L.Opdyke French Aeroplanes Before the Great War (Schiffer)
Deleted by request of (c)Schiffer Publishing
Flight, August 23, 1913.
THE BOREL MILITARY MONOPLANE.
As the new 80 h.p. Borel monoplane has been specially designed to comply with the requirements of the military authorities, the first consideration has naturally been given to the provision of such qualities as are desirable, not to say essential, in a military machine. As these qualities include speed, weight-carrying power, stability, wide range of vision, facilities for bomb dropping, and the installation of quick-firing guns, as well as a wireless telegraph apparatus, it will be easily understood that numerous difficulties - aero-dynamic and constructional - have to be overcome in order to produce a machine embodying all of these features, and all credit is due to the Borel firm for their bold attempt to solve the problem.
From a glance at the accompanying illustrations it is at once apparent that the most noticeable departure from usual Borel practice lies in the positions of the pilot and the propeller. Whereas all previous Borel monoplanes have been of the tractor type, it will be seen that in this machine the propeller is placed behind the main planes, whilst the pilot's and passenger's seats are situated well out in front of the wings. Needless to say this position provides an excellent view in all directions for the pilot, while the passenger is also so situated that he is able to survey practically all that lies beneath the machine.
In the construction of the nacelle, which is of rectangular section, provision has been made for the mounting of a quick-firing gun, which will be worked by the passenger, whose seat, it will be observed, is placed slightly in front of the pilot's seat, thus giving both more room to enable them to operate gun and controls, respectively, without interfering with each other. The nose of the nacelle has been so designed that in flight it will deflect the air upwards over the heads of the occupants, who will fully appreciate this little attention to their comfort. In the rear end of the nacelle is the 80 h.p. Gnome engine supported between two pressed-steel frames, the front one of which serves at the same time as a support for the rear-wing spar and the rear members of the top pylon. The rear engine frame carries a ball-bearing, in which runs the propeller-shaft, or, more correctly speaking, the extension of the crank case on which the propeller is mounted.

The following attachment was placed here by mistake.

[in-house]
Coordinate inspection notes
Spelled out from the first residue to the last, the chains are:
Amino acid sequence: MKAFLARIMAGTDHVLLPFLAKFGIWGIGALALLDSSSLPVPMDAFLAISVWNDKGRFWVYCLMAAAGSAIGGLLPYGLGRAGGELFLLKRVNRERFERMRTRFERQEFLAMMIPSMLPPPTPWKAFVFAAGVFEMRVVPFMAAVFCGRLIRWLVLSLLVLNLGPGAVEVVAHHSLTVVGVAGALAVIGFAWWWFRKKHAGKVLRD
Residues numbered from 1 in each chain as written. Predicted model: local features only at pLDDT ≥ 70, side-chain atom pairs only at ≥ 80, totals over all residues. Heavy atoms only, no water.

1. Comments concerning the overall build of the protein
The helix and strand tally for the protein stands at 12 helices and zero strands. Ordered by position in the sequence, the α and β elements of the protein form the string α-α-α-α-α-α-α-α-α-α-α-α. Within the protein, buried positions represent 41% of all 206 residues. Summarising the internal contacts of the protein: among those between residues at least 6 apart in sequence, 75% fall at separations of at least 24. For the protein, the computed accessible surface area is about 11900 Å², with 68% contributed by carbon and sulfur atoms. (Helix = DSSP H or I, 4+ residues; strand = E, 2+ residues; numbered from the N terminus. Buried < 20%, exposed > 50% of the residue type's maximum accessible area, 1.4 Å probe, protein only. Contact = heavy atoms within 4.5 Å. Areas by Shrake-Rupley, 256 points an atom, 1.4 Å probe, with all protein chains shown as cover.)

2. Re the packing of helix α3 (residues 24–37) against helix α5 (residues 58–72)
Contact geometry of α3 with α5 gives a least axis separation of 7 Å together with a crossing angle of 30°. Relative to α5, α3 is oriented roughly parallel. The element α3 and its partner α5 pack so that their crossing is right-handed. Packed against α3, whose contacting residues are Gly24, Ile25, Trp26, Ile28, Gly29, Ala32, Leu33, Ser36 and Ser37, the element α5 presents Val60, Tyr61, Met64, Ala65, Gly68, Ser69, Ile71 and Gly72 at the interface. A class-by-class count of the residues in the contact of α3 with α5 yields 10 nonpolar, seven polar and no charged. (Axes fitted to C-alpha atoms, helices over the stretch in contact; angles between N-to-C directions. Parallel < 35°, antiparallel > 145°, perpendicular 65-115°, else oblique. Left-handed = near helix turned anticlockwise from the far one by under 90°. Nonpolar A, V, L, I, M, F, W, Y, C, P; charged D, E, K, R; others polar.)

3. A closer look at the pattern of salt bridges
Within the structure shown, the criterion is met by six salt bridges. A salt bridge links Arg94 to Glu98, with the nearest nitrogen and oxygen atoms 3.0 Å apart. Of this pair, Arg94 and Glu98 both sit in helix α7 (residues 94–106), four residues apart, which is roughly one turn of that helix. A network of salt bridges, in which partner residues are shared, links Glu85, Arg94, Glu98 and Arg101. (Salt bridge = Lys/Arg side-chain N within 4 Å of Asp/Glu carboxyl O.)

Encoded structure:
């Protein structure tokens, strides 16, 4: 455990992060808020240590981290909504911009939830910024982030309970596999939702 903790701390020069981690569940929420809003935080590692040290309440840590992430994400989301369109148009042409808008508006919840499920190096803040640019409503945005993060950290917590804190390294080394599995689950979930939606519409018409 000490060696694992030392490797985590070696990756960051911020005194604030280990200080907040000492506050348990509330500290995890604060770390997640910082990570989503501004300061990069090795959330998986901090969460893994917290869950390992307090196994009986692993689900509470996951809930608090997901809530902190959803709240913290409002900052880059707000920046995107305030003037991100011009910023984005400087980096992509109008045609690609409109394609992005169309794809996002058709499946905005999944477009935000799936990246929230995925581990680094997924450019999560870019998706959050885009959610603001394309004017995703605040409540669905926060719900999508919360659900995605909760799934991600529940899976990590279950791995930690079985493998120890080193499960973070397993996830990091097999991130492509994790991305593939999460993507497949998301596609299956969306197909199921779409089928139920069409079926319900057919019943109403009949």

In a monoplane of the engine-behind type, one of the constructional difficulties is that of suitably mounting the tail planes on an outrigger which will withstand torsional strains and at the same time allow of the propeller clearing all its members. In the Borel military monoplane this difficulty has been overcome by constructing the outrigger of three instead of four booms. These are in reality steel tubes, the upper one of which abuts against the boss of the propeller through the interposition of a ball-bearing. The two lower members are secured to the rear end of the chassis skids. One of our sketches shows the method of joining the struts to the tail booms, and it will be noticed that the joint is effected without piercing either boom or strut, and thereby weakening them. Another sketch shows the chassis, which impresses one as being particularly strong without affording an undue amount of head resistance. On the rear ends of the main skids will be noticed two small tusk-like extensions which are sprung in order to lessen shocks due to the tail dropping and which perform really the duties of a tail skid in the absence of a special fitting of that nature.
An interesting point in connection with the control of the machine is that the rudder and elevator cables are carried inside the two lower tubular tail booms, so that should any one of them break there is no danger of them becoming entangled in the propeller.
It has already been said that a wireless telegraph apparatus is carried. This in itself can hardly be said to be a novelty, as already messages have been sent from aeroplanes in flight, but once the machines are on the ground their utility for transmission of wireless messages is greatly decreased owing to the lack of a mast on which to secure the antennes.
The Borel machine has been so designed that it can be made to form its own mast. By standing the machine on its nose, so that it rests on the skids and on the nose of the fuselage, the tail booms are inclined upwards. Another pair of tubes of smaller diameter, which during flight are enclosed in the lower tubular tail booms, now form extensions on which the antennes may be mounted. A small auxiliary motor is provided for the production of the necessary current.
When put through its preliminary trials by M. Daucourt the machine behaved excellently, getting off easily with a passenger and three hours' fuel.